With nearly 200 countries in the world, there’s no way that one of them–however powerful–can show up and rectify every act of injustice in the world. It would require an impossible amount of people, resources, and time. How much thinner can the United States stretch itself than it already has? How do you choose which international injustices get attention and which can be ignored?

Even if the United States or any other superpower could intervene anywhere and everywhere, countries are sovereign spaces. They have their own political systems, beliefs, identities, and goals. The US should not step in as it pleases–no matter how good the intentions. Millions of Americans were outraged at the slightest suggestion of foreign interference in our 2016 presidential election. How do other countries feel when the US barges in and imposes its will in much more drastic and consequential ways?

Frankly, the United States doesn’t have a great track record. There’s a long history of fragile and struggling states because the US intervened without a long-term plan for the prosperity and sustained independence of those places. Without a plan that meets those countries’ ideals and goals and respects their autonomy. More often than not, US intervention creates a vacuum, establishes what’s purely in America’s interests, or leaves things worse than they were before.

As often as possible, justice needs to emerge from within a country rather than heavily influenced by external forces. The United States and others may be able to provide support, guidance, or some resources from the outside. But they should definitely not be the primary actor and influencer within other countries. Too often it leads to destabilization and ruin.

And honestly, we have enough of our own injustices to rectify within the United States. A broken healthcare system. Voter suppression. Widespread unemployment, underemployment, and economic inequality. Various local environmental disasters and a transcendent climate crisis that’s constantly worsening. And much more.

How might things be different if we had used the amount spent on the deadly, failed wars in Iraq, Afghanistan, Pakistan, and Syria–something like 3.5 trillion dollars and counting–on the wrongs within the United States?

What effort has gone into establishing more fair and accountable police forces? Toward fair and equal voting? Toward employment and a robust social safety net? Toward a renewable energy system and environmental restoration?

The United States can’t do it all. It often makes injustices in other countries worse. And there are already millions in American neighborhoods who are suffering and forgotten. America needs to learn how to be just in our own communities instead of arrogantly and brashly trying to be the savior of the whole world. If we must lead, let’s lead by example in the way our own country’s wrongs are righted. That would be truly patriotic and powerful.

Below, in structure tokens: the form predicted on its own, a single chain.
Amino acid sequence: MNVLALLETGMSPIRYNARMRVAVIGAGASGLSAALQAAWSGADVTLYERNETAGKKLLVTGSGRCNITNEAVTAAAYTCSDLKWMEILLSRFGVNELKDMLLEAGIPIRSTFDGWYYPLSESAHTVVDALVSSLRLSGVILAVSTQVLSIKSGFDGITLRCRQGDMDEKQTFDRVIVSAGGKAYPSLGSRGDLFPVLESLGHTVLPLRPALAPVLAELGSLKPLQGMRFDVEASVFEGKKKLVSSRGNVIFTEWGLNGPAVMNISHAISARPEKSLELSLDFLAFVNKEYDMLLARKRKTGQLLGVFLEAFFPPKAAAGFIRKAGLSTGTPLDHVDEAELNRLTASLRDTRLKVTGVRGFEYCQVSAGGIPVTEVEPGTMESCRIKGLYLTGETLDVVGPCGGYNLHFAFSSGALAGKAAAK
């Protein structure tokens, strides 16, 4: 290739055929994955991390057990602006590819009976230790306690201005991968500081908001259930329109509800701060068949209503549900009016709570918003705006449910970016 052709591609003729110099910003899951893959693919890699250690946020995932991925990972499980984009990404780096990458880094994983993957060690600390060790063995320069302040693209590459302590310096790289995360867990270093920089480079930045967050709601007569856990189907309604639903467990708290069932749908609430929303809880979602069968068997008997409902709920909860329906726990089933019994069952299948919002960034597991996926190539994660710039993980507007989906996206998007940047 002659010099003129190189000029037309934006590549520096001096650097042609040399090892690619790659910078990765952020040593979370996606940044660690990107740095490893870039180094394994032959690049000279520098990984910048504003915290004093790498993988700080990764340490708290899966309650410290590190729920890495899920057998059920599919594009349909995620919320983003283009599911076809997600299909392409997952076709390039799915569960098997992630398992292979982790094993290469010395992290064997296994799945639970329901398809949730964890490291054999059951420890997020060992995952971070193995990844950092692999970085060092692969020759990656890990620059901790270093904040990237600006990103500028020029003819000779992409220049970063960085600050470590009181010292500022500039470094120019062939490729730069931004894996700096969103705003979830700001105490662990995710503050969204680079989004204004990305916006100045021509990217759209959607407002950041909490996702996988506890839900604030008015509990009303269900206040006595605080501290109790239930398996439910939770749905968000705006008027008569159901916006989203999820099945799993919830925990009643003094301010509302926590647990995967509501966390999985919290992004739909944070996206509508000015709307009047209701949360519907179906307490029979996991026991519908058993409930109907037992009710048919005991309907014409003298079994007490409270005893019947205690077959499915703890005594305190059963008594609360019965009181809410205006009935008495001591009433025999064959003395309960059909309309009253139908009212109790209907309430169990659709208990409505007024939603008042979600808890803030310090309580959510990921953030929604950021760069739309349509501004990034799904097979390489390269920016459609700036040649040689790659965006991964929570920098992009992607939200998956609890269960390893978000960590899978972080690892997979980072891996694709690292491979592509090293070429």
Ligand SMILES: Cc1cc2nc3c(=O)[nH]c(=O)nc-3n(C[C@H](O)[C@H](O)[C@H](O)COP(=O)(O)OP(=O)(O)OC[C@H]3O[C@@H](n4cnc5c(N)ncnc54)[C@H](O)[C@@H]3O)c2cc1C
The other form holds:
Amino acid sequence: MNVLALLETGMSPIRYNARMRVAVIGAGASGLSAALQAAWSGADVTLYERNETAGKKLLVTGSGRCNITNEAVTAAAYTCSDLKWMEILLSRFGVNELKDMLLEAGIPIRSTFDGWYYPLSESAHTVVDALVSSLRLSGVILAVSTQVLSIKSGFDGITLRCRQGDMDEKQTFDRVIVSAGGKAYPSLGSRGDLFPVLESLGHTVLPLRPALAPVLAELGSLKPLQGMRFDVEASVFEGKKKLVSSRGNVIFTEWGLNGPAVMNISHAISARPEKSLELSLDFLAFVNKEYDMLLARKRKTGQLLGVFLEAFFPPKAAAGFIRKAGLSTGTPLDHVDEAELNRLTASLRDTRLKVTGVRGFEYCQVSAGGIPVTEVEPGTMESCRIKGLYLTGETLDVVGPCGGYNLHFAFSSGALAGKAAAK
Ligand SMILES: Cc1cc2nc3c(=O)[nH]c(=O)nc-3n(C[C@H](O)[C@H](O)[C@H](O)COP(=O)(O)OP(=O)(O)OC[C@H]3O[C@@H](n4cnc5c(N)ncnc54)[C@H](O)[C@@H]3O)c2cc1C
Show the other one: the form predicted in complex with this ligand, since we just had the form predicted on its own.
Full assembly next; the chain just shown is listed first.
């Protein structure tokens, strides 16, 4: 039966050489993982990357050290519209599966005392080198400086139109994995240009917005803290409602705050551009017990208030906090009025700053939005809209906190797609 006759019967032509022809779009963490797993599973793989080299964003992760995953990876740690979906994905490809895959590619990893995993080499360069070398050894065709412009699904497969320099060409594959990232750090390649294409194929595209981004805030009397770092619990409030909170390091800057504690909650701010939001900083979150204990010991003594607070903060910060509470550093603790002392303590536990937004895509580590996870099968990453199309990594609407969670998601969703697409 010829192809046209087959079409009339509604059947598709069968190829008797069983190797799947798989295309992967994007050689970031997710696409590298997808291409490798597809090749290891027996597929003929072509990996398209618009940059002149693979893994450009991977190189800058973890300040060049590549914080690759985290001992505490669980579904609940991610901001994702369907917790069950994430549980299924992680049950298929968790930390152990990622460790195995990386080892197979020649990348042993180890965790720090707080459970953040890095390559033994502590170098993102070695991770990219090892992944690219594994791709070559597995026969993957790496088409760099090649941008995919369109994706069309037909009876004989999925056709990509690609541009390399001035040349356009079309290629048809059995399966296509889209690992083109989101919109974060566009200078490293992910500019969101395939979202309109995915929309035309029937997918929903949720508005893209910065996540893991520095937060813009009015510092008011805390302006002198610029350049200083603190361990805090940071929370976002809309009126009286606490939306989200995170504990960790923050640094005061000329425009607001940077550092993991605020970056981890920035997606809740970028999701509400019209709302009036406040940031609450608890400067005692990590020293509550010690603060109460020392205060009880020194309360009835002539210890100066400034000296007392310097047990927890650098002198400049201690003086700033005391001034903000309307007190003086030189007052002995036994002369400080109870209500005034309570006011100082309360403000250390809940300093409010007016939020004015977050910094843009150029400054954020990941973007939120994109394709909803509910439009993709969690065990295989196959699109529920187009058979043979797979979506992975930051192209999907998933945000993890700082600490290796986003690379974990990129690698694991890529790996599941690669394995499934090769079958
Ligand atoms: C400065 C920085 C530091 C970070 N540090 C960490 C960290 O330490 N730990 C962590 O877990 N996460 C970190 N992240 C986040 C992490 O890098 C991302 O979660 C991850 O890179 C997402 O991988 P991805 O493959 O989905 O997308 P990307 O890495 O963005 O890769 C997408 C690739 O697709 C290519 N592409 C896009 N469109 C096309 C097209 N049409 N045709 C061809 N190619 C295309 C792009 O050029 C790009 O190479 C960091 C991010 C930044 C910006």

This Week in Upgrades: February 13

Hi! Happy Monday to you. I took a bit of a break last week, so I apologize if you were waiting for a weekly assortment of interesting things you may have missed. Obviously, that never happened. Sad face emoji.

Breaks and balance and rest are vital. I took my opportunity when I had it. I thrive on staying informed and browsing through all sorts of commentary about what’s going on in the world. But over the last couple weeks, I found myself mostly just getting frustrated at everything little dumb thing. I had to give my brain and emotions some time to recuperate. Have you ever been there? What do you like to do to feel like yourself again?

A recent study suggested that if you’re not getting good sleep you should go camping. Need to get back out in the woods soon.

Here’s what else caught my attention this week…

Do you like spicy food? How do you feel about a “heatless” habanero?

A number of teenage girls are experiencing major depression, with some saying they “get their ‘entire identity’ from their phone…constantly checking the number of ‘tags, likes, Instagram photos and Snapchat stories.'” Yikes.

It’s not just teenage girls. A majority of people will have at least one mental health struggle in their lifetime. What are we doing to support mental well-being?

Thank you, Kids Try…, for making me laugh out loud even in dark times.

The most remote place on Earth, the Mariana Trench, has an “extraordinary” amount of pollution. Humans literally impact every inch of the planet.

Here’s a remarkable look at the unpolluted ocean we should be protecting.

A reminder that much more automation is coming, so we better get ready.

Will this Chrome extension help get us out of our ideological bubbles?

A few books I’ve read recently that I definitely recommend: The Nordic Theory of EverythingInfinite DistractionThe Earth and I

Have a great week!

 

 

This Week in Upgrades: January 23

Bonjour, mes amis. A pleasant Monday to you. How are things?